Rosie (timelapse)

November 8, 2012 12:23 pm Leave your thoughts

liz redux

During this first stage of the painting, I try to fight my instinct to simply dive in and start throwing the paint around. With still life and landscape paintings I tend to be a little more brash and careless in the beginning (which I think amounts to a more impulsive and less contrived looking piece), but for some conceptual pieces and portraits especially, I try to slow down and be a bit more tactful. I’ve attempted portraits without any kind of preliminary sketches in the past and I have always found myself struggling after realizing that the facial proportions are off after I’ve begun to render the face and add details. So here you see that, after brushing on a thinned down turpentine wash of ultramarine blue and burnt sienna, I’ve drawn in a ghosted 6 x 6 grid of 2″ square cells with pencil. This allows me to draw and then paint in a proportional contour of her face and lay out the surrounding details accurately.

liz redux

Next I’ve tried to block in general areas of color, now being loose with my brushwork as I know that I will want a sketchy paint quality underneath the final piece. I also take into consideration the colors that I might want to show through and compliment the final colors. For example, I know that the final colors of the scarf are going to be more of a bluish purple than the rust color that I’ve laid in here, but I see a small bit of that underlying color in the photograph that I want to eventually hint at. Also I am obviously not going to want her face to be that burnt sienna color as her actual skin tone is quite pale, but I have to take into account that I will be laying on a lot of pale flesh tones and having a little warm color coming through will give the skin some vibrance.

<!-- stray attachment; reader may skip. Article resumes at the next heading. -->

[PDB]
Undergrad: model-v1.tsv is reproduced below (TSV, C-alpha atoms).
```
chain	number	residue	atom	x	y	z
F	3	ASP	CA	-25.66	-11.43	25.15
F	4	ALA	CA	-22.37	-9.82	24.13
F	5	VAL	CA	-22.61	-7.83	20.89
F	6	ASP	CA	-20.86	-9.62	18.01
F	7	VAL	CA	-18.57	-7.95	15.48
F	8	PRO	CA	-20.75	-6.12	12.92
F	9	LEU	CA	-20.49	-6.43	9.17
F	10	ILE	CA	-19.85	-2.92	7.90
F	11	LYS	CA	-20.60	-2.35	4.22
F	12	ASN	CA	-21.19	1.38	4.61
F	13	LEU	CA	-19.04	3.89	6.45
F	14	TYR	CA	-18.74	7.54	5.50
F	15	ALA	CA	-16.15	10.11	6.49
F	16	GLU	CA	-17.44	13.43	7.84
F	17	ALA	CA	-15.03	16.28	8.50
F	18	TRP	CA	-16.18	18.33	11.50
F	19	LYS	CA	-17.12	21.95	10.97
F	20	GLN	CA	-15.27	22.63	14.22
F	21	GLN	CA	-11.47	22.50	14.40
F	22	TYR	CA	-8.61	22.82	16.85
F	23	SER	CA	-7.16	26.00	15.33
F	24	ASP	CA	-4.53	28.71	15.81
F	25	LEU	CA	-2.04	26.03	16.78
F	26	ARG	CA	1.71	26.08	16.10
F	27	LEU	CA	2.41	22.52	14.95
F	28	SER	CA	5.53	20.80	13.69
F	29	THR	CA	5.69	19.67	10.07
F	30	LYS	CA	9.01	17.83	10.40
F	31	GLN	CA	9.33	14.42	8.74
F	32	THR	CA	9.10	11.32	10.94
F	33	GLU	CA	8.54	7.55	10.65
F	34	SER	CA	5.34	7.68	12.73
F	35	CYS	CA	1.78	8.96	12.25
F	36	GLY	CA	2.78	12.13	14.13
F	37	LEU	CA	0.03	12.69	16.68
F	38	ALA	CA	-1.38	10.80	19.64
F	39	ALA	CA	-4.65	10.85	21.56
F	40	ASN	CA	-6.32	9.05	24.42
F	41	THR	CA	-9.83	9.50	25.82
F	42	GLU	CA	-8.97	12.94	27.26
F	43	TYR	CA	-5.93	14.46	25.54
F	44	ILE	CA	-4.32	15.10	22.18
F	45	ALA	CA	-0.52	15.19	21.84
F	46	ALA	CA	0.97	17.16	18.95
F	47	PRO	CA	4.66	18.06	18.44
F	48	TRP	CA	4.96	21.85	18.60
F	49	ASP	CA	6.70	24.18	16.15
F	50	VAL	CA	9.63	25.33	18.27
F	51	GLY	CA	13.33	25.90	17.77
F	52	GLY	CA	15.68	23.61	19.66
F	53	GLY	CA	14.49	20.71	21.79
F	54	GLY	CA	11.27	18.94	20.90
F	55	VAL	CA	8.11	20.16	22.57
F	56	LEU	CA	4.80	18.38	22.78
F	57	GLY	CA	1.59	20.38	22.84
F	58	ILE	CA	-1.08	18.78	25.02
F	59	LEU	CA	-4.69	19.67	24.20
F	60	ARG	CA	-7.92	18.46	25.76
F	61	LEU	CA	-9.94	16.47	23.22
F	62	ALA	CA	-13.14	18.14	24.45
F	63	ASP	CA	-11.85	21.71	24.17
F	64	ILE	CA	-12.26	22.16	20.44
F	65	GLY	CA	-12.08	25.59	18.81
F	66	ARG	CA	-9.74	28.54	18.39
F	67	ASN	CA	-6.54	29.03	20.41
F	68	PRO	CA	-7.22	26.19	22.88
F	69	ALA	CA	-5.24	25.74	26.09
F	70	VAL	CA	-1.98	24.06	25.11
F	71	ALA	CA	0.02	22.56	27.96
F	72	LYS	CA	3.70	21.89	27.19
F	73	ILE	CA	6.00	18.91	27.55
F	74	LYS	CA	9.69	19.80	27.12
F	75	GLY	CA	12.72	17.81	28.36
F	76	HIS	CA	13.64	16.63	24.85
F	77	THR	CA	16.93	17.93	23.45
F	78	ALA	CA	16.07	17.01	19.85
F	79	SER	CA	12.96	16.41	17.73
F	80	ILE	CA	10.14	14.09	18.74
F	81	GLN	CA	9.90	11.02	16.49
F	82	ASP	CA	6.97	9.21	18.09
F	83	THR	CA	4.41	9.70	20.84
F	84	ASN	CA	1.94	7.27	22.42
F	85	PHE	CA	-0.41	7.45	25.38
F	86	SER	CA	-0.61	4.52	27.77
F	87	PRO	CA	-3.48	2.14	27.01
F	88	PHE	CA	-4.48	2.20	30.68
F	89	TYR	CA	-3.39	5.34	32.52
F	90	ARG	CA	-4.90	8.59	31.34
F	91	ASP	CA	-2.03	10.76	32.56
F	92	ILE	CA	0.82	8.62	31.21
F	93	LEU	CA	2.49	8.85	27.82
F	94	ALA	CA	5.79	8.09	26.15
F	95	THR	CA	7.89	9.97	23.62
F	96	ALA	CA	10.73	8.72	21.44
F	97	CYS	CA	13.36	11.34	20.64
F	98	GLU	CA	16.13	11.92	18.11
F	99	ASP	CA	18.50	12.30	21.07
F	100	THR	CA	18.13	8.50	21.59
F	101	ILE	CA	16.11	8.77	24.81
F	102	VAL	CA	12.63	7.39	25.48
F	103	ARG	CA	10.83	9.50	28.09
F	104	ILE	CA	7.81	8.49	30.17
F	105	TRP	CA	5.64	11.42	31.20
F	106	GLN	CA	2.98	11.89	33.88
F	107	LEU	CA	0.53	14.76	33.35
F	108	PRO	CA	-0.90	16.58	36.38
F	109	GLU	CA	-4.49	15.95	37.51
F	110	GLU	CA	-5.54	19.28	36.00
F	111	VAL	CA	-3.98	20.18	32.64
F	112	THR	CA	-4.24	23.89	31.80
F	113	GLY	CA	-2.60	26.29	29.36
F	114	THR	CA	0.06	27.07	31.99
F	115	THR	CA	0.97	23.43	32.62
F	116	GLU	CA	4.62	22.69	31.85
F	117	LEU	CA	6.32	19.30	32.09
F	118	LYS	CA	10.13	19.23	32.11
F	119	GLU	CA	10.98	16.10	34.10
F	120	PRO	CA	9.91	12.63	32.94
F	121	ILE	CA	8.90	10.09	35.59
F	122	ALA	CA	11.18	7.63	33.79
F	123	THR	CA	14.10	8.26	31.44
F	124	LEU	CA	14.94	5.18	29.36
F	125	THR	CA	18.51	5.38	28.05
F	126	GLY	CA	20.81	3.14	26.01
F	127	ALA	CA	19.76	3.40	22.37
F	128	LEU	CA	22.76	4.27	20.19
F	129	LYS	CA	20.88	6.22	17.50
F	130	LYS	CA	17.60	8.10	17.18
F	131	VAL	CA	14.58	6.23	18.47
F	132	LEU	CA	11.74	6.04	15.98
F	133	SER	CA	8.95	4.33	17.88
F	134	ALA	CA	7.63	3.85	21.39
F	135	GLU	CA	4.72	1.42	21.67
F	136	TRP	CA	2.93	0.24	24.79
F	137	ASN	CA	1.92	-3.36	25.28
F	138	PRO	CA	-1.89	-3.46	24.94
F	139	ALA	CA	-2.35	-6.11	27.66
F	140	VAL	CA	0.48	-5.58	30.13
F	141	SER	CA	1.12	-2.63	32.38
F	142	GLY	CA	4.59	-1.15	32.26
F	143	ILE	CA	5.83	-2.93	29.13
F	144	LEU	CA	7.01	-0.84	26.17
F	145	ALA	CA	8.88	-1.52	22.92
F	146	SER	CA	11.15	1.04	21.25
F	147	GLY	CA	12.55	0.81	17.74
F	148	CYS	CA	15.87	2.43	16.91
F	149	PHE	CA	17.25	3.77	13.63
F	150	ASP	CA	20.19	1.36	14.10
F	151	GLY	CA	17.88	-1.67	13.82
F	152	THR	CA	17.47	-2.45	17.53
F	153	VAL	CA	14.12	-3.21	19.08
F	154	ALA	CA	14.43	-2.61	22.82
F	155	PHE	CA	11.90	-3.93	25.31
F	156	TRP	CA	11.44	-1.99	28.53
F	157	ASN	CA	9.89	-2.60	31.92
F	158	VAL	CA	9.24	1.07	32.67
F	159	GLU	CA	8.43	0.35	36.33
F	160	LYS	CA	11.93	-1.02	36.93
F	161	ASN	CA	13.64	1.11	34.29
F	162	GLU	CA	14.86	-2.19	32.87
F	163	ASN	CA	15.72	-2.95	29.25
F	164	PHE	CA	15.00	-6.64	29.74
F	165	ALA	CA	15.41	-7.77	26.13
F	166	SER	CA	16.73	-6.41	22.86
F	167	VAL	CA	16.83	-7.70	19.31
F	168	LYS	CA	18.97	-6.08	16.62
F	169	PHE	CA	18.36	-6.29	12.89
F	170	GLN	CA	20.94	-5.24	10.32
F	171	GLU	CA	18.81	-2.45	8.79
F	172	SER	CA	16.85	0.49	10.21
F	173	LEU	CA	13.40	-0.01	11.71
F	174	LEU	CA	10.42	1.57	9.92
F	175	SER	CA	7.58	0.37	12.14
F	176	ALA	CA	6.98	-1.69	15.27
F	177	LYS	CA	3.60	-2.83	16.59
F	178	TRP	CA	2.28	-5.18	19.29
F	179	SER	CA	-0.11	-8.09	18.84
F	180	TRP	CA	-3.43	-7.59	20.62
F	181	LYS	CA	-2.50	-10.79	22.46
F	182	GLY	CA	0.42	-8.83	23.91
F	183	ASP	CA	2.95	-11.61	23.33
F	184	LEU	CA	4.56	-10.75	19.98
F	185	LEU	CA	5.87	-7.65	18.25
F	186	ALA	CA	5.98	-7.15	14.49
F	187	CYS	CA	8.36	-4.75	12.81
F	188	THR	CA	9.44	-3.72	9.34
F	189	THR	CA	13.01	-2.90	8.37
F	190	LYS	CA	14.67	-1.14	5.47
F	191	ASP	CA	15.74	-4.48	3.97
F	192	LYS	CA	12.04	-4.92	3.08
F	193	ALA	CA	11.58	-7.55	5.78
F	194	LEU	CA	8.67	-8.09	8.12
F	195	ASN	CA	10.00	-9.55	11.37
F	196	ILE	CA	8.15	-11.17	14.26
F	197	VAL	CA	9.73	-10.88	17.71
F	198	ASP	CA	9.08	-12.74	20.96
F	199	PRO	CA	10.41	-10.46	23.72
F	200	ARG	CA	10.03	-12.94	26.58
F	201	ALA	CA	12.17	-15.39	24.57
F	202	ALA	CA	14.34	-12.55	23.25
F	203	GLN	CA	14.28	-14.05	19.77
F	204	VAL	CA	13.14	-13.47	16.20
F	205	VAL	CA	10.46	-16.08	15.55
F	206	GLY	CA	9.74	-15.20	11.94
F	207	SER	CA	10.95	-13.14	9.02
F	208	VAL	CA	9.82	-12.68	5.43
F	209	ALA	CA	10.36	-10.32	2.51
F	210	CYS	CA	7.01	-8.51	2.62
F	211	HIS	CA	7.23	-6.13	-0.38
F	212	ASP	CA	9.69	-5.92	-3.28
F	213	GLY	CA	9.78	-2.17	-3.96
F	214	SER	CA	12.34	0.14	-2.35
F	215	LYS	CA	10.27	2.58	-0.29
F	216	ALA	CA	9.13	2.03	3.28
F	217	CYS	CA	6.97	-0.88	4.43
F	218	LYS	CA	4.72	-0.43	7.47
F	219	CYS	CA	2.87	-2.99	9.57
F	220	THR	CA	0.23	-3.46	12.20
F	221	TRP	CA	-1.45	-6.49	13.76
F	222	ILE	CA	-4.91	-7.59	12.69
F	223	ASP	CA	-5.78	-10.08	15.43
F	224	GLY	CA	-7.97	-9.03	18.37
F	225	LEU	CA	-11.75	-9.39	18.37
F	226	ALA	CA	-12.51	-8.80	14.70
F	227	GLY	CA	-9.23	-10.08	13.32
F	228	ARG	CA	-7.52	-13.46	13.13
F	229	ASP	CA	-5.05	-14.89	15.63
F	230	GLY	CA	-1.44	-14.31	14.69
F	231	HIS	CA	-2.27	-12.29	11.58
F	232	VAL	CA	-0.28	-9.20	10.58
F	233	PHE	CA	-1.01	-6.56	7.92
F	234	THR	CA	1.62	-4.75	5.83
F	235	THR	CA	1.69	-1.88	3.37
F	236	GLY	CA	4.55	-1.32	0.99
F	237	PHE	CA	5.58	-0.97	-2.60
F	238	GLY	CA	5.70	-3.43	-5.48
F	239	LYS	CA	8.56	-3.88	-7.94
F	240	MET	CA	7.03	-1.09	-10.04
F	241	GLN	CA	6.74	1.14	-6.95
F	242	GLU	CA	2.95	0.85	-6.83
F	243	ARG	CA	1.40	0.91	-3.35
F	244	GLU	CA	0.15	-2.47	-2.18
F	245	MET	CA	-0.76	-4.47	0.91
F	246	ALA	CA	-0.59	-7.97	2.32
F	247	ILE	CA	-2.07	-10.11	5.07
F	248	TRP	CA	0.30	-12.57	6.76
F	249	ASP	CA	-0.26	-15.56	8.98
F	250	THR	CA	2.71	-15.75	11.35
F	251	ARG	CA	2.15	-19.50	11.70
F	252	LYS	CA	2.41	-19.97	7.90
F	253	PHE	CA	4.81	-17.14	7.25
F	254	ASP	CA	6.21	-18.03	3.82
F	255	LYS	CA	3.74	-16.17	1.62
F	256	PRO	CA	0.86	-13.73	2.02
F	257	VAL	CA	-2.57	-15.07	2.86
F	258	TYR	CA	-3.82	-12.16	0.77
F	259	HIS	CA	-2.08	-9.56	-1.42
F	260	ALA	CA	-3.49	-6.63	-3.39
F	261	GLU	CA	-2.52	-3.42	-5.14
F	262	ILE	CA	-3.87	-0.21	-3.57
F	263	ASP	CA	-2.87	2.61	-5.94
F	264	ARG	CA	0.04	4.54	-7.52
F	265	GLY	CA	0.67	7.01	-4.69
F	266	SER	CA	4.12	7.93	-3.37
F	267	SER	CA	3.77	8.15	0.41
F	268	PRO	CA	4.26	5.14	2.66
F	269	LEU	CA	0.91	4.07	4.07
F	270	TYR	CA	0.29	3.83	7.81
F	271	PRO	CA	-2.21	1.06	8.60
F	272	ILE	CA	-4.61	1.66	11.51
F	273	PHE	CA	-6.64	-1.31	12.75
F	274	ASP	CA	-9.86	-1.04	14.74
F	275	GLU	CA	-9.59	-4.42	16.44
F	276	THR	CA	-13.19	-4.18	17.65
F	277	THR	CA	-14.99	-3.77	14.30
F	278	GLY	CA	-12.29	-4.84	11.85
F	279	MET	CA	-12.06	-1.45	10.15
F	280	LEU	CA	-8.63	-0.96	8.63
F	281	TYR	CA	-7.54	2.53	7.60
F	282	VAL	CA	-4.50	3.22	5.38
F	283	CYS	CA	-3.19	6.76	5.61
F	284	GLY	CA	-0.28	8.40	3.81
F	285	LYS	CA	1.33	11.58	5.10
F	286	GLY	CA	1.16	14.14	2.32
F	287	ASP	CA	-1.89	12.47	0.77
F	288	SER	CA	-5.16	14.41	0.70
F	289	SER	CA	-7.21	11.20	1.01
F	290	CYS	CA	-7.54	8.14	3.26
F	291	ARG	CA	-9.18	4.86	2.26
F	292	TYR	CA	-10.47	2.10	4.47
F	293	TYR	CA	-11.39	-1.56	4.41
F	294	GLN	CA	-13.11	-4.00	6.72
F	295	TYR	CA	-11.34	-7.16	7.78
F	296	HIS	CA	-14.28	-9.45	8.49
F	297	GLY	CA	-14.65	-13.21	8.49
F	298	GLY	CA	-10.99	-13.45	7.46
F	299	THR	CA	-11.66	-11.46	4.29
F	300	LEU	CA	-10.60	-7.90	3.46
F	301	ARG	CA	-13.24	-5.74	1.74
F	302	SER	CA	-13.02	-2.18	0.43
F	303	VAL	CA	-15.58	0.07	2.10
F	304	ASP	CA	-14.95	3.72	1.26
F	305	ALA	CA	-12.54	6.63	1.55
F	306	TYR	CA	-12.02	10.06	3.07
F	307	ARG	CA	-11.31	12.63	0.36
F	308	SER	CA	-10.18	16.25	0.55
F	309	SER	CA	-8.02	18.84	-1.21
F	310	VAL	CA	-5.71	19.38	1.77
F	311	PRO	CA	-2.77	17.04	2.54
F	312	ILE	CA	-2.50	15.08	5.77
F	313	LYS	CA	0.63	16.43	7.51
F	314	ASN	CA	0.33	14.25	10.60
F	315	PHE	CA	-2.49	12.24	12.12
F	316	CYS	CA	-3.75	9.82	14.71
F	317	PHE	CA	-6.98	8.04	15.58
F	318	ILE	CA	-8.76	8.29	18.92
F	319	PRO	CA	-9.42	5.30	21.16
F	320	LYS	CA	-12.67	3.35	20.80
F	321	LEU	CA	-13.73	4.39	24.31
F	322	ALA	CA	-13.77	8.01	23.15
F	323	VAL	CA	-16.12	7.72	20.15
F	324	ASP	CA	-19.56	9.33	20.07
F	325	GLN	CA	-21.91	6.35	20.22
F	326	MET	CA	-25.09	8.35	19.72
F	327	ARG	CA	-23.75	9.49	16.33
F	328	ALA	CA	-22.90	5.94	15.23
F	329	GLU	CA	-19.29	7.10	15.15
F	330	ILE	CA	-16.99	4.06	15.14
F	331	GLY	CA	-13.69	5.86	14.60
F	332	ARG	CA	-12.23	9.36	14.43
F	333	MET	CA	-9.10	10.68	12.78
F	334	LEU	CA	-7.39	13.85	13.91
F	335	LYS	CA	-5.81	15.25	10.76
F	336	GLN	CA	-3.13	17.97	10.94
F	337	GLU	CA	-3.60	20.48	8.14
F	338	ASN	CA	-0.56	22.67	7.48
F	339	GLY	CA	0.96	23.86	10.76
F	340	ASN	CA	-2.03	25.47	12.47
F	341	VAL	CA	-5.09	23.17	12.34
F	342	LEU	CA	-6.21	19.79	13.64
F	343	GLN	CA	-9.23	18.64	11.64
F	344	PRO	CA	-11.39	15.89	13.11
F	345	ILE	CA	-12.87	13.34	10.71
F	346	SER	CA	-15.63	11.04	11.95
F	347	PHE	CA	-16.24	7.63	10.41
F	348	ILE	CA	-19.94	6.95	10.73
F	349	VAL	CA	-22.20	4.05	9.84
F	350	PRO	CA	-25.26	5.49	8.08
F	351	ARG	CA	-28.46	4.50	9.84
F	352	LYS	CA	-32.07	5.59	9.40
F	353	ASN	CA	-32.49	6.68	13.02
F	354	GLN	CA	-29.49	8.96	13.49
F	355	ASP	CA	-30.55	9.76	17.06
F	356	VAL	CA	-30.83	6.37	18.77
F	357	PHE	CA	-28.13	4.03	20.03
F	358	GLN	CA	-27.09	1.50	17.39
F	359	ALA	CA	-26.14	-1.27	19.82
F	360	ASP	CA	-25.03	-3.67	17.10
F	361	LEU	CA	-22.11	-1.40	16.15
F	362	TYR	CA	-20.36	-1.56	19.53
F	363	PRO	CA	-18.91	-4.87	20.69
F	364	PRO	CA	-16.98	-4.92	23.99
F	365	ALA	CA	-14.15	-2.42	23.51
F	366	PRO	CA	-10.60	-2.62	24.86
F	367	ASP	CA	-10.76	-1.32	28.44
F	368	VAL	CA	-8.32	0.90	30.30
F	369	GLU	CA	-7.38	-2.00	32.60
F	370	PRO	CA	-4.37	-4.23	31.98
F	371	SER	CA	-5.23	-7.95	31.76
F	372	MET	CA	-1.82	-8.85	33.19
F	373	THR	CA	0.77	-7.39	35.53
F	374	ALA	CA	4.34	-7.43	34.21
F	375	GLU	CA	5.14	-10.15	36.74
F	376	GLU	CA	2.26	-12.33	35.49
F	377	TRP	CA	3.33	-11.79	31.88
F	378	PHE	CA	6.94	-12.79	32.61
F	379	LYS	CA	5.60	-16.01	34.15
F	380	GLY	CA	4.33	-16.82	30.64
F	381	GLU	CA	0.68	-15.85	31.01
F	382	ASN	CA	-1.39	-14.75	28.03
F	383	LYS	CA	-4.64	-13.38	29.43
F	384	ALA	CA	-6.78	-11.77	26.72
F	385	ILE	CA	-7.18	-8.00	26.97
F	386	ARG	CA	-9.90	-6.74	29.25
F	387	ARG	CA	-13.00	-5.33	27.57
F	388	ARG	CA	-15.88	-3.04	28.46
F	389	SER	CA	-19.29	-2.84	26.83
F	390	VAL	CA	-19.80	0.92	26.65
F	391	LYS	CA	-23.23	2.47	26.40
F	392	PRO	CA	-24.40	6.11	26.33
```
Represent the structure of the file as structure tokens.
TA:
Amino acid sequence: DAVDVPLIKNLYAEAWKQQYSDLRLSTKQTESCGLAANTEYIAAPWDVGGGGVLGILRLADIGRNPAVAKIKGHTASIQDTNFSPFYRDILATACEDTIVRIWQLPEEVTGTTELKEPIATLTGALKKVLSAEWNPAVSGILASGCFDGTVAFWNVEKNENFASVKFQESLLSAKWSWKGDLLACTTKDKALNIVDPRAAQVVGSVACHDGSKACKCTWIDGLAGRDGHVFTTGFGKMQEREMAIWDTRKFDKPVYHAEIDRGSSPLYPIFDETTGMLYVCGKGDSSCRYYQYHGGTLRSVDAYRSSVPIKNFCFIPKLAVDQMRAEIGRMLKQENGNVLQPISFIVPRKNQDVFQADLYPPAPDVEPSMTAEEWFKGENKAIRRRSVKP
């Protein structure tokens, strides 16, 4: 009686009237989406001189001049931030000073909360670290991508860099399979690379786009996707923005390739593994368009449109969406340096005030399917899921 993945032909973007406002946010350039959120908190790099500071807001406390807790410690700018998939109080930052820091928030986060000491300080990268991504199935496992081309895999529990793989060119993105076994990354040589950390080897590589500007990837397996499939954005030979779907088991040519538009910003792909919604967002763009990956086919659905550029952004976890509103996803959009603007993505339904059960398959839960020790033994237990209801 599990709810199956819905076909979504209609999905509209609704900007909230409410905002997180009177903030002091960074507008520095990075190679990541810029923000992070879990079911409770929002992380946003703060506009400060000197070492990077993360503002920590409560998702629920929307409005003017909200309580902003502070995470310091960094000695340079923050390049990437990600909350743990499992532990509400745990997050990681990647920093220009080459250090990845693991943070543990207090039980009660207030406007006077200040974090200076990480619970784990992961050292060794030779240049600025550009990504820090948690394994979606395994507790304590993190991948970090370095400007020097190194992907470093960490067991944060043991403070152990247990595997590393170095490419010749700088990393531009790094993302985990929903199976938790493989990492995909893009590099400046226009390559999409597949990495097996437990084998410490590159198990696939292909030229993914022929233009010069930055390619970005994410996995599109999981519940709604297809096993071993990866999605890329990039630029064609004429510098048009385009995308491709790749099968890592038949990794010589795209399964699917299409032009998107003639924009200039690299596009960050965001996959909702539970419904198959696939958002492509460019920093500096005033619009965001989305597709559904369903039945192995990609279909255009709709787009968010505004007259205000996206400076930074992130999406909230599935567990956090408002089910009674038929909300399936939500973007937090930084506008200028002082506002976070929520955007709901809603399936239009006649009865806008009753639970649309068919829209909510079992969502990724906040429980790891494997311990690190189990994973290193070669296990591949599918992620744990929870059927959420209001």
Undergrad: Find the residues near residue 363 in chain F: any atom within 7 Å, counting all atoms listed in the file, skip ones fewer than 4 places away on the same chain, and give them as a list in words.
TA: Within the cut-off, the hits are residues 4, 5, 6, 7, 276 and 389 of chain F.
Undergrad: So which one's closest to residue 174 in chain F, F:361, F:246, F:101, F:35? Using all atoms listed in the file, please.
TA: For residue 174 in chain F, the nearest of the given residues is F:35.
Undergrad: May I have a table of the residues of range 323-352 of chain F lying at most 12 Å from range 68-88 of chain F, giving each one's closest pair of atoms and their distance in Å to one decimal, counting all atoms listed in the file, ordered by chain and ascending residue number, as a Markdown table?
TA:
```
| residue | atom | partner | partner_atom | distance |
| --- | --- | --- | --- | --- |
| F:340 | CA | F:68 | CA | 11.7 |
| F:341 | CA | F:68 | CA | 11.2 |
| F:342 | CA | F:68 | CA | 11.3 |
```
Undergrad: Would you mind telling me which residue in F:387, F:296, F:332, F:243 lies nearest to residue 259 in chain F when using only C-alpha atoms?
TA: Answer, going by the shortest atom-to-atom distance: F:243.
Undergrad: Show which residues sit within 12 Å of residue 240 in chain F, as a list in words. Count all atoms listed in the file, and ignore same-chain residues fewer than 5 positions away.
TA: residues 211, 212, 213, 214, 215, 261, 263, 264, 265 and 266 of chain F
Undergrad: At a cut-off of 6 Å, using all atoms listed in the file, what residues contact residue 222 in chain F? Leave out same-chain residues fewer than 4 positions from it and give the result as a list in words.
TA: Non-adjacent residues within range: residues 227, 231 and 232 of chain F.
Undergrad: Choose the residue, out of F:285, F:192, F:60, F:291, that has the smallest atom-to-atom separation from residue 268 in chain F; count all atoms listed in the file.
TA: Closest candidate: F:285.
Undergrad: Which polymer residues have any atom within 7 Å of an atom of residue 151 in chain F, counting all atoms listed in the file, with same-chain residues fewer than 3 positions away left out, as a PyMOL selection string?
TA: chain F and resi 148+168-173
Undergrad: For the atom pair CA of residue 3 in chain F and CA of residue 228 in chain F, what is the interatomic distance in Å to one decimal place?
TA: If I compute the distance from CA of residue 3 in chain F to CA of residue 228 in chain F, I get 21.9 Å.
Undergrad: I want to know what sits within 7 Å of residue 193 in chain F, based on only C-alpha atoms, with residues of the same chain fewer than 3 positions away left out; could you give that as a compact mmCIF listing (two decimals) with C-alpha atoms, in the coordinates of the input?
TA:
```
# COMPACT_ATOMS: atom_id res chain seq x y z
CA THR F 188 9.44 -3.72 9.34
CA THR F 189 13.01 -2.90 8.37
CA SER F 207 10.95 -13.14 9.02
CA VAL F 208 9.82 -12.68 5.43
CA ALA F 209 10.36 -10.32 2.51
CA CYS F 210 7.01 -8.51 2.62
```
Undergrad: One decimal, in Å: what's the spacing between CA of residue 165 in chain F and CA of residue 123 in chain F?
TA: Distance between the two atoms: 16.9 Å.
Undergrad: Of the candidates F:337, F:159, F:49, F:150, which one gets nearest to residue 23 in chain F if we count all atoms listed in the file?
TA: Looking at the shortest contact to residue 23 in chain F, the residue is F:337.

liz redux

I now begin fleshing out the sketch with what I want her skin tones to consist of for the rest of the face. I am trying very hard to keep everything vague and not focusing on any detail, and I’m also trying to avoid blending thin paint to create shadows and highlights. This is a trap that I’ve fallen into in the past and it has undermined my intentions to maintain a choppy, Lucian Freudian gradation where tone is created using confidently applied swatches of subtly gradated color instead of smoothing over (I detest the soft fan brushed look in paintings and get frustrated whenever I start to spot it in my own).

Not very pretty to look at at this stage, but a large part of the painting process for me is feeling things out and “breaking in” the painting surface before I can gain the confidence to start fully rendering and adding flourishes. You can see that I’ve started painting around and slightly over the curl that dangles in front of her face that I included in the underpainting. This is the beginning of what becomes a major problem and, although I’m not quite sure how I would handle it in the future, I’ve learned to be wary of elements like this. The curl and the shadow it created were a major part of why I chose this picture and I asked Rosie to let it fall while shooting. However, as I move on I realize that it is not going to be easy to include. I can either leave the curl and fully render the face first (which makes the face a much more precious thing to screw up while tensely painting in the hair afterward) or I can paint in the curl first and have the rendering of the face become dictated by the placement of the curl (as much as I don’t want to paint a curl over a face I’m happy with, I also don’t want to have to worry about painting around a thin strand of hair while handling the most difficult element, the face, in the painting).

liz redux